Having climbed down from the bus we immediately found a couple of seats in one of the café/bars and ordered a couple of frappés. I know, you knew I was going to say that didn't you. There was a smattering of "old boys" of the village in each establishment (each loyal to their 'local' no doubt) so we didn't need to think too hard about which one to choose. The nearest sufficed. I have to say (and indeed did, to the proprietor) that I here enjoyed the best frappé I'd so far consumed on the island.

A few pics of the central plateia area....

After half an hour or so enjoying the excellent frappé, as well as glancing nervously in Stefano's direction (since he'd sat down at the same bar as us) hoping he wouldn't insist we join him for a session of slicing the throats of a few goats, we arose, paid the host and set off to explore the area on foot. It was around 1.00pm and the bus back to town was due to depart at 4.30. So we ought to have plenty of time to explore.

The first direction we took was up a lane leading through the village to the mountain above. At this time of year the roadsides and countryside in general is abundant with verdant growth and wild flowers. It really did feel like walking in the English countryside much if the time, with some variations in the plant life around us, granted. As the lane rose up above the village we passed the old washing station, a stone building with open-topped cisterns inside its archways, in which once the villagers would wash their clothes communally, before the advent of piped water and drains. Emerging well above the village we took in a spectacular view across the island's interior to the blue Aegean in the distance...

Having satisfied ourselves with that view we traced our way back through the labyrinthine streets of the village to the main road passing through its middle and set off down hill from the square to walk a circuit of other villages. A most enjoyable, if somewhat tiring, walk of about 15 kilometres followed, during which we passed through some of the villages that we'd driven through on the bus. Everyone we passed was friendliness itself and we even took advantage of a public well, where locals turned up to top up barrels with water for their sheep and goats (one pick-up even bring a clutch of sheep with him in the back), to wash our hands after devouring a couple of delicious brown rolls stuffed with boiled egg mayo from the eggs (2nd batch!) that our landlady Georgia had given us.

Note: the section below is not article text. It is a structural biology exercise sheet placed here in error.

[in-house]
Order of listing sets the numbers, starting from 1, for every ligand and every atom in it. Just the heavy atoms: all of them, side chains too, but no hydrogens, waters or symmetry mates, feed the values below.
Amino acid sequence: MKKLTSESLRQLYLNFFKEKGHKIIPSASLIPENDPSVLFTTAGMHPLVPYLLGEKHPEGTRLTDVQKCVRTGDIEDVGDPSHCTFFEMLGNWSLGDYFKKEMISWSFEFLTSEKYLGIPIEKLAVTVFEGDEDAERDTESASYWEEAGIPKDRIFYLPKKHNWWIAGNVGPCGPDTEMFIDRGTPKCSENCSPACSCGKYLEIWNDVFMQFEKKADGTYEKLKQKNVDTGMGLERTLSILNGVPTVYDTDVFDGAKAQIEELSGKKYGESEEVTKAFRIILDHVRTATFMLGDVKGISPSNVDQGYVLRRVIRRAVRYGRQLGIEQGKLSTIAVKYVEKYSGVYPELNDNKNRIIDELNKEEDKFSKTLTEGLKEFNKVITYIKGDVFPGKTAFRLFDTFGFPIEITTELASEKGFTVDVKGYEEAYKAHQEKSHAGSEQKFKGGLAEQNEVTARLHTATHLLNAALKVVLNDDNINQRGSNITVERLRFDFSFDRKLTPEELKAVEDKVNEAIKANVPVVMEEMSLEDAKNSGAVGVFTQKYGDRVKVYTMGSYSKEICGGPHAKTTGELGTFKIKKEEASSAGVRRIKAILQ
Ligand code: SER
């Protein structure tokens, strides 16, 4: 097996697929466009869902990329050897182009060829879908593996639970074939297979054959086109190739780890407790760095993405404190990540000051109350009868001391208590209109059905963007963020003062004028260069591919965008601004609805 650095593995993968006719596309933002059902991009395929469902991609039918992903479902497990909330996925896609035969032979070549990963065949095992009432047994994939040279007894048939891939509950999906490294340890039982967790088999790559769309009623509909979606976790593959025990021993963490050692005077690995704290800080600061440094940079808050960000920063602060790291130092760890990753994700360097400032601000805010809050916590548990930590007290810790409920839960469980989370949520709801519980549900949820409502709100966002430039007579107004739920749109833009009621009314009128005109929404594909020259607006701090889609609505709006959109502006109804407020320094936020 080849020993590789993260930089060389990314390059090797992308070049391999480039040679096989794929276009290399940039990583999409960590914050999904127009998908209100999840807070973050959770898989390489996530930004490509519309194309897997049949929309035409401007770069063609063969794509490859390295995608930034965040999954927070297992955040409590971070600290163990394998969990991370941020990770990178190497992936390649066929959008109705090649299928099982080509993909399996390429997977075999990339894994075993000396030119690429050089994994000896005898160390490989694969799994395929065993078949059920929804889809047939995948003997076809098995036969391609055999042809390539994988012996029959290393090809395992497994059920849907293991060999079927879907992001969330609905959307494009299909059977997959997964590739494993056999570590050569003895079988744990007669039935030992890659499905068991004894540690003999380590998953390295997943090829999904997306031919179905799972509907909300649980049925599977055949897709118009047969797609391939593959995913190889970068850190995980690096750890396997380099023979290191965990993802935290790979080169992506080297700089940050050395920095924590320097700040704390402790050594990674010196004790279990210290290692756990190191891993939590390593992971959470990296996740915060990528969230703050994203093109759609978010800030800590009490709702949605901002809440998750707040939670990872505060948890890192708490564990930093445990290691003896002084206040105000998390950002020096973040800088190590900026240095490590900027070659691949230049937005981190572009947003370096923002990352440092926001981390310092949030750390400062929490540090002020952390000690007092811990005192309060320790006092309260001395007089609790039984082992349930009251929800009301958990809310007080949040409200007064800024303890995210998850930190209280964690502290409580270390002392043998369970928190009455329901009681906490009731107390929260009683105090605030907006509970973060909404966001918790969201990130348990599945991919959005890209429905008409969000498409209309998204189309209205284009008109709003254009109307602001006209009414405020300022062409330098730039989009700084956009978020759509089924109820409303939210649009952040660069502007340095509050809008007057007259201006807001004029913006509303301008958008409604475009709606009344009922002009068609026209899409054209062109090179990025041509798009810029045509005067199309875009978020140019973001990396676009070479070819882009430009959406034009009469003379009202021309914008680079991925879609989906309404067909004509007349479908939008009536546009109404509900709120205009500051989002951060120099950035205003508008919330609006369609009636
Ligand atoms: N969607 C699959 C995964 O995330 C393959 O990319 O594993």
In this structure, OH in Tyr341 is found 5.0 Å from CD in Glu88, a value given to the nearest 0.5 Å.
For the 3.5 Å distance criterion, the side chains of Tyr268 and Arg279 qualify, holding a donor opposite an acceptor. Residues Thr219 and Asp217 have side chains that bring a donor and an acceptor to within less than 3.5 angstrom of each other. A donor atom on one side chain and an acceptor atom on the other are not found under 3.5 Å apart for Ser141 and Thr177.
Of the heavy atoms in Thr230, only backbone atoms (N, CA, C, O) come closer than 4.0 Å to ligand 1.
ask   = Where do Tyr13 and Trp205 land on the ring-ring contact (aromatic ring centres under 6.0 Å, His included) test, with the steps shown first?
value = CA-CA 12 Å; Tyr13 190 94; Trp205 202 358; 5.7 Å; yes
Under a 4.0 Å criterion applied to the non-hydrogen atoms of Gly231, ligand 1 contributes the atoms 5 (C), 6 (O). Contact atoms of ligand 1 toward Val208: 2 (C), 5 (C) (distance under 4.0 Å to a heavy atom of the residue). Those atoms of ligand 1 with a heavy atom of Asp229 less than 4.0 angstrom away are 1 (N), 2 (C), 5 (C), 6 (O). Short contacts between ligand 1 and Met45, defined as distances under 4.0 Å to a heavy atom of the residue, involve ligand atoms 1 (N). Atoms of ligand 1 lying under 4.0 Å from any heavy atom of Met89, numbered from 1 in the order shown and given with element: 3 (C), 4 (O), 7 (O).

By the time we staggered back into Filoti to order a well earned Fix beer in the café across the road from the one we'd first visited, it was approaching 4.00pm and still the sun shone out of a cloudless sky. Half an hour remained before the bus was due. It had been a magic experience. As we supped our cold drinks my better half spotted old Stefanos sitting not too far from us. We didn't want to upset him, as he was a nice old guy, but we didn't want our ears chewed off right now, so we just proffered a friendly wave and he returned it, arose from his seat and made his way in our direction.

"Oh shoot!" we both thought, but just as he drew closer he was hailed by a fellow "old boy" who bade him sit down at his table. He threw us an apologetic shrug, to which we did our best to respond with an "aw shucks. never mind, eh?" type expression in return and gratefully watched him sit down with his friend.

No doubt about it, the countryside on Naxos in April is breathtaking...

Something I didn't mention before the photos. Just before we came back into the village on our walk, we passed an olive grove to our right and our attention was drawn to what looked like a goat hanging from a branch of one of the trees. It looked like a goat because that's exactly what it was. As we stopped to look, drawn irresistibly by a desire to be sure we knew what we were seeing, we could see clearly that there was a man setting about the carcass, which was hanging from its hind legs from above head-height, with a sharp knife while his wife stood and looked on. A large pool of blood was soaking into the dust beneath the carcass, which had evidently been killed very recently. the man worked away methodically with his knife as we became aware that we weren't the only audience.

Just a few feet below us and actually within the same olive grove, a couple more goats, including a young kid, also stood and watched in rapt attention, as their probable former family member was systematically butchered for the 'Pasca' table.

I don't know how intelligent goats are, but I could have sworn I saw a look of resignation about their future prospects written across the faces of our fellow observers of this scene.

I wonder how many goats, sheep, and pigs no doubt, will die in this few days leading up to the Greek Easter weekend. Still, can't say we haven't witnessed firsthand a way of life that goes back for thousands of years. 

The irony wasn't lost on us that we'd escaped being witness to Stefanos and his friends slaughtering their goats for Pasca, only to see it right by the side of the road a couple of hours later!

Once the bus turned up, just a few minutes after 4.30pm, we fully expected Stefanos to join us for our journey back, but he remained seated and sent us a wave as we departed. A couple of days later, yesterday, in fact, as we were walking to the jetty for our trip to Santorini, he was there again seeing people aboard the Filoti bus. We were left with the feeling the he doesn't really actually work for the bus company, but they let him do his little bit of shepherding anyway, because it gives him a reason to get up in the morning. We kind of hope that's true in a way, as it would be nice to think that they're considering his welfare in such a way, wouldn't it.


  1. Be very careful, John, that your loyal following of Rhodophiles do not desert you! What a wonderful illustration of Naxos you have given us, both photographically and textually. It sounds as though your holiday has proved to be all, if not more than, you hoped for.

    1. Yea well you know me, generous to a fault. Can't expect everyone to only ever come to Rhodes. Let them go elsewhere now and again, as long as they come back, of course!! Got to give the rest of this marvellous country a plug now and then.